By Daniel A. Kaminsky
In December, as part of H.R. 4213 “Tax Extenders Act of 2009”, the United States House of Representatives passed legislation that would tax partnership1 “carried interests” (also known as a “carry” or “promote” or “promoted interest”) as ordinary income instead of as capital gains, as they are now taxed. On March 10, 2010, the United States Senate followed suit and also passed its version of the Tax Extenders Act of 2009 (the “Act”), albeit with an amendment. As of the publishing of this article, it is not clear what effect if any the amendment will have on the taxation of carried interests. In addition, the Act is not yet in final form as the House and Senate may need to conference in order to reconcile any differences between the two versions. It is likely, however, that the Act’s passage will result in an increase in the tax rate on carried interests from the current capital gains rate of 15% to ordinary income rates as high as 35%. The carried interest portion of the legislation is retroactive and applicable to current structures with a carried interest element.
Essentially, the carried interest is a way partnerships divide the rewards of a project between the partners who provide capital and those who provide sweat equity. A carried interest is the right to receive a designated share of the profits of a partnership as compensation for managing or otherwise providing services to the partnership. It is often thought of as part of the compensation for the managers and is above and beyond any investments they may have in the partnership.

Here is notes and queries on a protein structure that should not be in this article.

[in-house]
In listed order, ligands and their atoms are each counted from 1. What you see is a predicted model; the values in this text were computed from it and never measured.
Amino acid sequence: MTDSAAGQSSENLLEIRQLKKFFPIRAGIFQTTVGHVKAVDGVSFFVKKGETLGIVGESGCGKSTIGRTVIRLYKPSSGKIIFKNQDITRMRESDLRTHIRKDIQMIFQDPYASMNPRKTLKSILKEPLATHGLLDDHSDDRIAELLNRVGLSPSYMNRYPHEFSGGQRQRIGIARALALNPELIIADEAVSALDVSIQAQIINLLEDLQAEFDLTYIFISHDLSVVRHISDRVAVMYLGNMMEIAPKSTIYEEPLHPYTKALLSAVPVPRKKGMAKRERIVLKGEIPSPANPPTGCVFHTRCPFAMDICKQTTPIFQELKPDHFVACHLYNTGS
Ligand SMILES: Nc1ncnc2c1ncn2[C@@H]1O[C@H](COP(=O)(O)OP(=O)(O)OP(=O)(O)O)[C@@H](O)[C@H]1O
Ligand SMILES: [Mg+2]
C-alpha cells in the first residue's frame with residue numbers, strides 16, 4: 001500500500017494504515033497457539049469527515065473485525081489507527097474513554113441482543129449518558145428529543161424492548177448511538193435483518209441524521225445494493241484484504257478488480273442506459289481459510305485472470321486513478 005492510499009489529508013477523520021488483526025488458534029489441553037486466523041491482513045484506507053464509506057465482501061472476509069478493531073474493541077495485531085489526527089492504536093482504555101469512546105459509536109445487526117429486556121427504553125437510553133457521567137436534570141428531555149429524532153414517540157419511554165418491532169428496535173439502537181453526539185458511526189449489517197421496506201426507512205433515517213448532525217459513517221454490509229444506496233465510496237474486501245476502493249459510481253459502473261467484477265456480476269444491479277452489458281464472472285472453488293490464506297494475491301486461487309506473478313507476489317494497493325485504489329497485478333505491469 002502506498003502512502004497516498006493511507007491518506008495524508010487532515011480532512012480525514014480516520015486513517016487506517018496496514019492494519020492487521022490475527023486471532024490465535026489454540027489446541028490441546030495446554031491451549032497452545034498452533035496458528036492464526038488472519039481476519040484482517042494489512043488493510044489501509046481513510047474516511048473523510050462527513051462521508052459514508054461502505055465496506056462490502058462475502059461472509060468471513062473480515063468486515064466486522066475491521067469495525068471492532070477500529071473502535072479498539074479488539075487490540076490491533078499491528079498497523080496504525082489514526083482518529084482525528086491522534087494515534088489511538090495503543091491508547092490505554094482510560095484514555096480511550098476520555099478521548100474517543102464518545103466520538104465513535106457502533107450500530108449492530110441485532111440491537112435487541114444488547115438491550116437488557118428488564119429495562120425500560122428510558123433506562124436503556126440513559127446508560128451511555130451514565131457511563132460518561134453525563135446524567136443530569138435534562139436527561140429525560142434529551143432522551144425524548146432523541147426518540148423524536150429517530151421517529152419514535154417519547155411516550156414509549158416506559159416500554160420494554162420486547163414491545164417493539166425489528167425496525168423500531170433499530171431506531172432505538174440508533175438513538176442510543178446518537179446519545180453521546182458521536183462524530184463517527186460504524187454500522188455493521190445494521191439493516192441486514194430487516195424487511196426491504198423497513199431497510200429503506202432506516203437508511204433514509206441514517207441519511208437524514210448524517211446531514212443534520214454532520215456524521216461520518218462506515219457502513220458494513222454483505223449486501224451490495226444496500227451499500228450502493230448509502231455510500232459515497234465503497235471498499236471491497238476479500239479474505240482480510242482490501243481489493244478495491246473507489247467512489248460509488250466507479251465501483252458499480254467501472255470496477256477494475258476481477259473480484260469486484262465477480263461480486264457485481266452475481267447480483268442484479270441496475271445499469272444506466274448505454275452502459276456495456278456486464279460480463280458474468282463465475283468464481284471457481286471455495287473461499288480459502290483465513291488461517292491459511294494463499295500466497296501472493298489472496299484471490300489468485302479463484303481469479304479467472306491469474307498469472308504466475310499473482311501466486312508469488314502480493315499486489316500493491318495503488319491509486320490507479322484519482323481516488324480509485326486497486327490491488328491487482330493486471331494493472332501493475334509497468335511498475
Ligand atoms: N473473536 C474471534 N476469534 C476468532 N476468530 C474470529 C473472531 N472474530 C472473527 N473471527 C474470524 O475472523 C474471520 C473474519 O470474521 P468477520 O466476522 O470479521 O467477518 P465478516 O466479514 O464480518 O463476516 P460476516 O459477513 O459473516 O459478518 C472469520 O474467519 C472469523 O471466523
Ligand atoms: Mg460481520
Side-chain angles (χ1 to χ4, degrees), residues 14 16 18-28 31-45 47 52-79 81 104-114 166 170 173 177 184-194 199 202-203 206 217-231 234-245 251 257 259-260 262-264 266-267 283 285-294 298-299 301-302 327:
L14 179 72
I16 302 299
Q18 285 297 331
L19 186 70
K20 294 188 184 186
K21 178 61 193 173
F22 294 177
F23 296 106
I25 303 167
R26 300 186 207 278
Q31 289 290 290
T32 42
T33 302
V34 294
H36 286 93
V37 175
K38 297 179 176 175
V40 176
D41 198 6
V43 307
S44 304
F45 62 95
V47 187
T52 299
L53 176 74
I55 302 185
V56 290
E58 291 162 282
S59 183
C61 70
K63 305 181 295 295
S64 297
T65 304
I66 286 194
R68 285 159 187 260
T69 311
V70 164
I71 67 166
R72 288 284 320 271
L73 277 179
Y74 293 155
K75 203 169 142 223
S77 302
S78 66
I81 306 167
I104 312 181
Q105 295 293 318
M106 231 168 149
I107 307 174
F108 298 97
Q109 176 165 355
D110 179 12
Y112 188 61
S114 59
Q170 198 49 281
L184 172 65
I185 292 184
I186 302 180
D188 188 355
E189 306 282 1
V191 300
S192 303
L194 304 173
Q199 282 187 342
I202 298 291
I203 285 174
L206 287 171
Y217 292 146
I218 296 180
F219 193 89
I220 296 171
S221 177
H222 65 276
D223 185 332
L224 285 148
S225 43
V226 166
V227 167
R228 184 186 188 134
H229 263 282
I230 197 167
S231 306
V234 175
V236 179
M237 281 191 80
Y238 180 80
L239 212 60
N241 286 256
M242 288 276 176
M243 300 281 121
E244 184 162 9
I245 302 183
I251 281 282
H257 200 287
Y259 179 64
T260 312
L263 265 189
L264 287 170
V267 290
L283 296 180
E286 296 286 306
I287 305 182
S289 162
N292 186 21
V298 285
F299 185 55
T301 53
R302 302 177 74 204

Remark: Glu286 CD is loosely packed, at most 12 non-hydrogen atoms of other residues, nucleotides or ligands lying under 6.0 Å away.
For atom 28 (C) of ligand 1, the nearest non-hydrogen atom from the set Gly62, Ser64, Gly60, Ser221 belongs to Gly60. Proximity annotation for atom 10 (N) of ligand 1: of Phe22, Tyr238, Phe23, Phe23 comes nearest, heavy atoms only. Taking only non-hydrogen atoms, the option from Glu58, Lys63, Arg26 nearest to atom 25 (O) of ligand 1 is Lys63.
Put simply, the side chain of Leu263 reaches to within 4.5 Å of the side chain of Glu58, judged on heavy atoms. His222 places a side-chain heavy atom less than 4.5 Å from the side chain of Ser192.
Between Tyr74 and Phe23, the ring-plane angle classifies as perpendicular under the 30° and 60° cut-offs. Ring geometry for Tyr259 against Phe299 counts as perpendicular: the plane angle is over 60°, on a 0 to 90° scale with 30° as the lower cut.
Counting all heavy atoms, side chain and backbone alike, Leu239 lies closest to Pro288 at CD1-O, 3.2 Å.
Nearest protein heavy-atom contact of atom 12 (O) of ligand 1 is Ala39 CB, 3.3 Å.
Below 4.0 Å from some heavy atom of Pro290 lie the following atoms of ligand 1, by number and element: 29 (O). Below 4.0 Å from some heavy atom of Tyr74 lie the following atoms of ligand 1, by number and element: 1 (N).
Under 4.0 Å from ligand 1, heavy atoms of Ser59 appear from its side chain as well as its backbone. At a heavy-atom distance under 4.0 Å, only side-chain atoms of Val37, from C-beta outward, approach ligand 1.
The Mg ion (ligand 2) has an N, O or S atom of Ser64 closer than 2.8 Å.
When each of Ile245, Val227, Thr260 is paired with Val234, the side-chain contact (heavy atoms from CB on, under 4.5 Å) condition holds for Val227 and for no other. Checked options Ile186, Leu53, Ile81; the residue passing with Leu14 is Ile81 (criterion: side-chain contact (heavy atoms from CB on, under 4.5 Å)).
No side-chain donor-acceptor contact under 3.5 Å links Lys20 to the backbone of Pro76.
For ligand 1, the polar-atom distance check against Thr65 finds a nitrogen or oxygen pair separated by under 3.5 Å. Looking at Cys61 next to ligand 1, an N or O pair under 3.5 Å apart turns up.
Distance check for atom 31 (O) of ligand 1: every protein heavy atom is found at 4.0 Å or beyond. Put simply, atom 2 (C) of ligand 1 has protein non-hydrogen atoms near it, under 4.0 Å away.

In real estate projects, a carried interest is often given to developers as a return for risk. For example, developers typically put up the risk capital in putting the deal together and often guarantee the debt of the partnership. One of the major incentives for developers to take on such risk is the carried interest; it allows developers to participate more fully in the upside of the real estate project.
Real estate developers and fund managers should keep these likely changes in mind as they prepare for the remainder of 2010 and beyond. For additional information, please contact Daniel A. Kaminsky at firstname.lastname@example.org or 414.225.1431 or your Davis & Kuelthau, s.c. attorney.
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1“Partnership” is used in this article to mean any entity treated as a partnership under applicable tax regulations. For example, depending on specific circumstances, a domestic limited liability company.